University of Texas at Arlington

Scholarly Communication

News blog

Tag: Compass Rose

Resources for Identifying Graphic Materials

by Samantha Dodd May 18 2018 - 12:51pm

The Image Permanence Institute (IPI) is a nonprofit, university-based laboratory devoted to preservation research. IPI provides many resources and tools for cultural institutions such as libraries, archives, and museums to enable the preservation of image collections and material culture.

One of the tools offered by the IPI is the Graphics Atlas. The atlas “is a sophisticated resource that presents a unique, object-based approach for the identification and characterization of prints and photographs”. Those interested in identifying materials found in their collections can use the...

Drawn to Politics

by Samantha Dodd Jan 16 2018 - 11:22am 1 comments

Newly added to the vast holdings of the Special Collections at the University of Texas at Arlington is the work of long-time Fort Worth Star-Telegram editorial cartoonist Etta Hulme. Gifted to the University from the Hulme family, this collection consists of over ten thousand original cartoons, sketches, and other artwork.

Etta Hulme (1923 -2014) grew up in Sommerville, Texas, and went on to major in Fine Arts at the University of Texas. After graduation, Etta headed west to California to begin her cartooning career in the animation department at Walt Disney Studios. Etta traveled...

OA Week Explores Wikipedia

by Samantha Dodd Nov 14 2017 - 11:16am
Wikipedia Logo

Open Access Week, a global event now entering its tenth year, is an opportunity for the academic and research community to continue to learn about the potential benefits of Open Access, to share what they’ve learned with colleagues, and to help inspire wider participation in helping to make Open Access a new norm in scholarship and research.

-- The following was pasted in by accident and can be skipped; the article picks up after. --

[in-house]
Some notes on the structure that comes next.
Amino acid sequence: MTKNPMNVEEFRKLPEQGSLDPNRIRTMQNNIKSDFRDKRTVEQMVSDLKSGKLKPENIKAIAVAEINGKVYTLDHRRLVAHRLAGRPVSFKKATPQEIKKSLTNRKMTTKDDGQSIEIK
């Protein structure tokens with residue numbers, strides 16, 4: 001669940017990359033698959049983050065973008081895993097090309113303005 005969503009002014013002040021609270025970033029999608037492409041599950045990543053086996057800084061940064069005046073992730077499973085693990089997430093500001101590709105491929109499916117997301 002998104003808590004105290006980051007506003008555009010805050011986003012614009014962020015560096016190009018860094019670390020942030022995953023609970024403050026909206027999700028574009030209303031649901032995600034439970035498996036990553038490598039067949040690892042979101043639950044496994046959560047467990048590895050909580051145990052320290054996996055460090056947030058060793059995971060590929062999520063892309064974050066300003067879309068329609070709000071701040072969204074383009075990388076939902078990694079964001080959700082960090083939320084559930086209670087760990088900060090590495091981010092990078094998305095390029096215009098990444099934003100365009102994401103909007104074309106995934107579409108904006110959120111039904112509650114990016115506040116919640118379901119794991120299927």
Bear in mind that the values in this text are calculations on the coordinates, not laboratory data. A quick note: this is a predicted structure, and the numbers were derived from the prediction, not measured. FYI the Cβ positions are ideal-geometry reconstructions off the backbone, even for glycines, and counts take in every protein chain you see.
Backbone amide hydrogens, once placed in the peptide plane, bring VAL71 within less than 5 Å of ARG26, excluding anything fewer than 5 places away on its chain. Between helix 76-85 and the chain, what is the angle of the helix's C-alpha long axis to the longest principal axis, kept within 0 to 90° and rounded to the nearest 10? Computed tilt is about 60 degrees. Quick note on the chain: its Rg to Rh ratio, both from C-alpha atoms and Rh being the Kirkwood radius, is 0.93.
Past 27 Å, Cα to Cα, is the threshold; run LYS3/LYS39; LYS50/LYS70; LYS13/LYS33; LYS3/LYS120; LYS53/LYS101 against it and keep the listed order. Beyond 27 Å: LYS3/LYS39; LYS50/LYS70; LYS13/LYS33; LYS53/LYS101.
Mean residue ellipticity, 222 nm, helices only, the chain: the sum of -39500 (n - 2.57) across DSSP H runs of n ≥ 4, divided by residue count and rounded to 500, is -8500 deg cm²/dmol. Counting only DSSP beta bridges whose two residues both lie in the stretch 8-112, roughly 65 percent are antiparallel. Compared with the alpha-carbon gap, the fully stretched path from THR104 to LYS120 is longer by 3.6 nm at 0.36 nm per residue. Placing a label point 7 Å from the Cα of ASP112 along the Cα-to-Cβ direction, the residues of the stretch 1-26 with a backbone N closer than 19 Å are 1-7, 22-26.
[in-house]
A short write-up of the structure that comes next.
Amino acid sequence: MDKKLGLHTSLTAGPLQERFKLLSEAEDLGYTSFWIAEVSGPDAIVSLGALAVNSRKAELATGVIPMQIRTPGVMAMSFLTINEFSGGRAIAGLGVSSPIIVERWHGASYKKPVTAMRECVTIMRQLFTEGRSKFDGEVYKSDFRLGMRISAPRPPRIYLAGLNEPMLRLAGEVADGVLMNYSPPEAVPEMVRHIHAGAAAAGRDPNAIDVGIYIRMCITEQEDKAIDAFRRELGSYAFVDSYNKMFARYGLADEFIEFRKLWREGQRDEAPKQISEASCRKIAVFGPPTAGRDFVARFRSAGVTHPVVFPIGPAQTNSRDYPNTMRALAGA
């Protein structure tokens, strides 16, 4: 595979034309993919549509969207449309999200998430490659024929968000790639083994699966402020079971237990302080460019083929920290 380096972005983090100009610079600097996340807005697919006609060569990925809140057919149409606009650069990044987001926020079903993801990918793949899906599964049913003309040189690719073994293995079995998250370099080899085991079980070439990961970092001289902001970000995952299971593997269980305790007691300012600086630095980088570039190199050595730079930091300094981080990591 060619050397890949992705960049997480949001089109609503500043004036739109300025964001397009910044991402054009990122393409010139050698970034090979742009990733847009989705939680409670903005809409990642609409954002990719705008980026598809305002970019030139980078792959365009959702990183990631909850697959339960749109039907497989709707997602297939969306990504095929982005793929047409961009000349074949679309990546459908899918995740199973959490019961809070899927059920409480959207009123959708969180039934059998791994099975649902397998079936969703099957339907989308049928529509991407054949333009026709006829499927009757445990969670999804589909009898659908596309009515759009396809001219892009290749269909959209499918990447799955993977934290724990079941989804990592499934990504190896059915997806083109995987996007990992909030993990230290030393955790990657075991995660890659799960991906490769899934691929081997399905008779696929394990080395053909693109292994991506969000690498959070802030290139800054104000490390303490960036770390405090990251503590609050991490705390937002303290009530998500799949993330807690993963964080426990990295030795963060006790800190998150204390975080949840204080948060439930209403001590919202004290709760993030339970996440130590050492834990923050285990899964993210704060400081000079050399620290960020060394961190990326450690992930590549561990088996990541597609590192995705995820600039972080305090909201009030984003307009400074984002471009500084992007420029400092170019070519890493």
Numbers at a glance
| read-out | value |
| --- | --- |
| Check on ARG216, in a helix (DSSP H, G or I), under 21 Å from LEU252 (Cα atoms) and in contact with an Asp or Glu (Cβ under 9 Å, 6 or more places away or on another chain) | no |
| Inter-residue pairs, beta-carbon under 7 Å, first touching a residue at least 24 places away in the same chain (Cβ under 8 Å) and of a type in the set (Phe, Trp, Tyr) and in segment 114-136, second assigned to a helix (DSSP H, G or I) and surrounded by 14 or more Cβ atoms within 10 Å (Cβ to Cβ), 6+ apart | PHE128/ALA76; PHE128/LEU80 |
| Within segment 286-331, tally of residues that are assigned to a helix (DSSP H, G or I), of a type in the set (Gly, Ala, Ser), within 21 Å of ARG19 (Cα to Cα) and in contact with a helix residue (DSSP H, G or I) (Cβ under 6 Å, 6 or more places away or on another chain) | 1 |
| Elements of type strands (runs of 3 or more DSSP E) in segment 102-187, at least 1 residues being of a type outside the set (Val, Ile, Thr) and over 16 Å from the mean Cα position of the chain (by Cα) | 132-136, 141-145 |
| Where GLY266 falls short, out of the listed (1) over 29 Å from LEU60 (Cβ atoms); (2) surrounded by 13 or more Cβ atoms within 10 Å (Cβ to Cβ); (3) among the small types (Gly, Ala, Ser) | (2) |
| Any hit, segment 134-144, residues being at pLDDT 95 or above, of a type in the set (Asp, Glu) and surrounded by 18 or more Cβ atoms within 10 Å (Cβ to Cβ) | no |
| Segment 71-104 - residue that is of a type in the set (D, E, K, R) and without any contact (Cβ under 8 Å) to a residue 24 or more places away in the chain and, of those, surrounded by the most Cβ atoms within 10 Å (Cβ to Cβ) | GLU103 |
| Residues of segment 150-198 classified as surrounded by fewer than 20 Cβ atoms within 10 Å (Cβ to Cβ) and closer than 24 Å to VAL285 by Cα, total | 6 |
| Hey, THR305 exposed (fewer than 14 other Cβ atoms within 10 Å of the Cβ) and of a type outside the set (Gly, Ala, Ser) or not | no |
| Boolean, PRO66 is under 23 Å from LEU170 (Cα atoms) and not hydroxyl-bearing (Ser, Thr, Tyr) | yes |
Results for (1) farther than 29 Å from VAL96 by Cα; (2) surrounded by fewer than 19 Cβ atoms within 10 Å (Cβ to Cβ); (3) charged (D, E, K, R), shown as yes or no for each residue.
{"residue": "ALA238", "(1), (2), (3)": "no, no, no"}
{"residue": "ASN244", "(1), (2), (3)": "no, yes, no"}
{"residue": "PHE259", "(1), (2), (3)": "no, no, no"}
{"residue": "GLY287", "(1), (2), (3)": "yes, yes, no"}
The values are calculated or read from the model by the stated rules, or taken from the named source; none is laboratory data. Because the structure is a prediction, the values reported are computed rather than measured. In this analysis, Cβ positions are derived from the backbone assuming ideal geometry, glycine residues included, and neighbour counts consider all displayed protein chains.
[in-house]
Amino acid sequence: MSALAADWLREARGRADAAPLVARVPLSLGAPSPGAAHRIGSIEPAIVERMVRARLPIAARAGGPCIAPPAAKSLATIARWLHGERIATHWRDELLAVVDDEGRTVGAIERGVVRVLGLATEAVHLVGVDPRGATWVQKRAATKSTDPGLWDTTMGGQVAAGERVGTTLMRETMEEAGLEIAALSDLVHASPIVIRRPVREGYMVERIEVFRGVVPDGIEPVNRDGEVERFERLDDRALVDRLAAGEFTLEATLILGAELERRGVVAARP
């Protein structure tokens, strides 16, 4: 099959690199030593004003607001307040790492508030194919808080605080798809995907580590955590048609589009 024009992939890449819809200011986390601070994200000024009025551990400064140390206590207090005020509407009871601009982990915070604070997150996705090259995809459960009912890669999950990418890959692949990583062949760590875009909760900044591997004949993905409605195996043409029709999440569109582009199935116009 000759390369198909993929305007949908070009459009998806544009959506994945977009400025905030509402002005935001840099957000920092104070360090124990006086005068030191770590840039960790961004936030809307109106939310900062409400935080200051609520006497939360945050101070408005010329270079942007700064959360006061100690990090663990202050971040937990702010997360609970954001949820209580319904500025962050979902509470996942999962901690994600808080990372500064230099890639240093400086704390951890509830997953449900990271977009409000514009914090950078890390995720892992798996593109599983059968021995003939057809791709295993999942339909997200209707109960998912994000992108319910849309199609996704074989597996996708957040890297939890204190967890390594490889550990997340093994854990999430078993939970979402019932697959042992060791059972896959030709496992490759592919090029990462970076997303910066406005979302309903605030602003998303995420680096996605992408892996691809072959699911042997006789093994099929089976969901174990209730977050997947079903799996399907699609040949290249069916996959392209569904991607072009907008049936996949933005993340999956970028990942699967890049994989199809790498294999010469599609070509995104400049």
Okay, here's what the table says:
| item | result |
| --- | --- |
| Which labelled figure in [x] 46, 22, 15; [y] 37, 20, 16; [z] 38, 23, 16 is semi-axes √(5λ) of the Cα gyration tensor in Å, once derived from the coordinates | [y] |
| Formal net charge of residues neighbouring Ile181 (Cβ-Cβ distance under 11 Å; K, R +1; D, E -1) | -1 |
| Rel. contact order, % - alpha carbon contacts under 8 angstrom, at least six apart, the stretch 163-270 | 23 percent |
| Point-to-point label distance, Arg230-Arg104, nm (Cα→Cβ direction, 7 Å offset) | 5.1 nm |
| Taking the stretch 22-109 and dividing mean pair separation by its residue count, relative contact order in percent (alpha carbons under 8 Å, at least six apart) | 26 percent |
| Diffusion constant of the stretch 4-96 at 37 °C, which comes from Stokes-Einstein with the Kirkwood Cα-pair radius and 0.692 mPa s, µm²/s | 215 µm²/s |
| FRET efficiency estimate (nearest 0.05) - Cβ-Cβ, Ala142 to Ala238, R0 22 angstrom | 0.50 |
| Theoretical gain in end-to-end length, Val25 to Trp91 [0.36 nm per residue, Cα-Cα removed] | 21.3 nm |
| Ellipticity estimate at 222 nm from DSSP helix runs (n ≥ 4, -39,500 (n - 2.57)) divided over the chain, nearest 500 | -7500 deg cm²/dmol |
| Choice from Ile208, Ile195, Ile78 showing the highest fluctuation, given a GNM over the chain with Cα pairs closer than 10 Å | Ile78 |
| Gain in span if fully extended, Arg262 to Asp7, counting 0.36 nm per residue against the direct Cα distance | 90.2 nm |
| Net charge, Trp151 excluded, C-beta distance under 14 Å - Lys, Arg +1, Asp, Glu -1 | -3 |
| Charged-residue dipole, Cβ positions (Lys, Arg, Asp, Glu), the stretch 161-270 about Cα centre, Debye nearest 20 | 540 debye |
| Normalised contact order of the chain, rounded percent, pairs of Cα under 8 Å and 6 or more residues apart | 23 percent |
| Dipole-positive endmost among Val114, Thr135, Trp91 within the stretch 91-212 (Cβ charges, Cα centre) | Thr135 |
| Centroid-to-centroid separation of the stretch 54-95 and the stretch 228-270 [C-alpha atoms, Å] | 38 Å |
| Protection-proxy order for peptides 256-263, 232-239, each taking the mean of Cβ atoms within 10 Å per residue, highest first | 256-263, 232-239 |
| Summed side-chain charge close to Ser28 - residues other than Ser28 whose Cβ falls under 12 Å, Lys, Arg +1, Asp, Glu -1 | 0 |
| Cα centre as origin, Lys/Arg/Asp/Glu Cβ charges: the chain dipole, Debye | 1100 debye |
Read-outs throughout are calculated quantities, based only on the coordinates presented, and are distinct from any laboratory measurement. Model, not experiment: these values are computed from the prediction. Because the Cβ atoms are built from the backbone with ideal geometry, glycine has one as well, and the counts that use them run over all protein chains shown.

With that in mind, it only made since to take a closer look at Wikipedia, the fifth most visited website in the world, whose fundamental principles include free content that anyone can use, edit, and distribute, neutrality, and collective...

Largest release of digital catalog records in history

by Samantha Dodd Aug 16 2017 - 12:00pm

Before computers and Google, if you wanted to find a book about the Alamo, or search for materials related to the Texas Revolution, you found yourself digging into a card catalog. In this early system an individual could find resources by title, author, publication date, subject headings and genre. Catalog records can be traced back to just after the French Revolution when the revolutionary government used playing cards to document property seized from the church. Before the widespread use of typewritten cards, cards for the catalogs were handwritten, the objective being to create...


by Samantha Dodd May 1 2017 - 11:16am
MayDay 2017

Mayday! Mayday! Mayday! What happens when a hurricane wipes out the records of an entire city? What if a fire burns up a family’s ancestry or a local business’ records? Disasters happen every day, some a result of accidents, are natural. Preparation and planning are essential to help prevent damage and destruction that may result from a disaster. On May 1st each year archivists and heritage professionals around the world participate in MayDay. This day is a grassroots effort to raise awareness of archives and the potential disasters and dangers they face. Protecting our heritage is...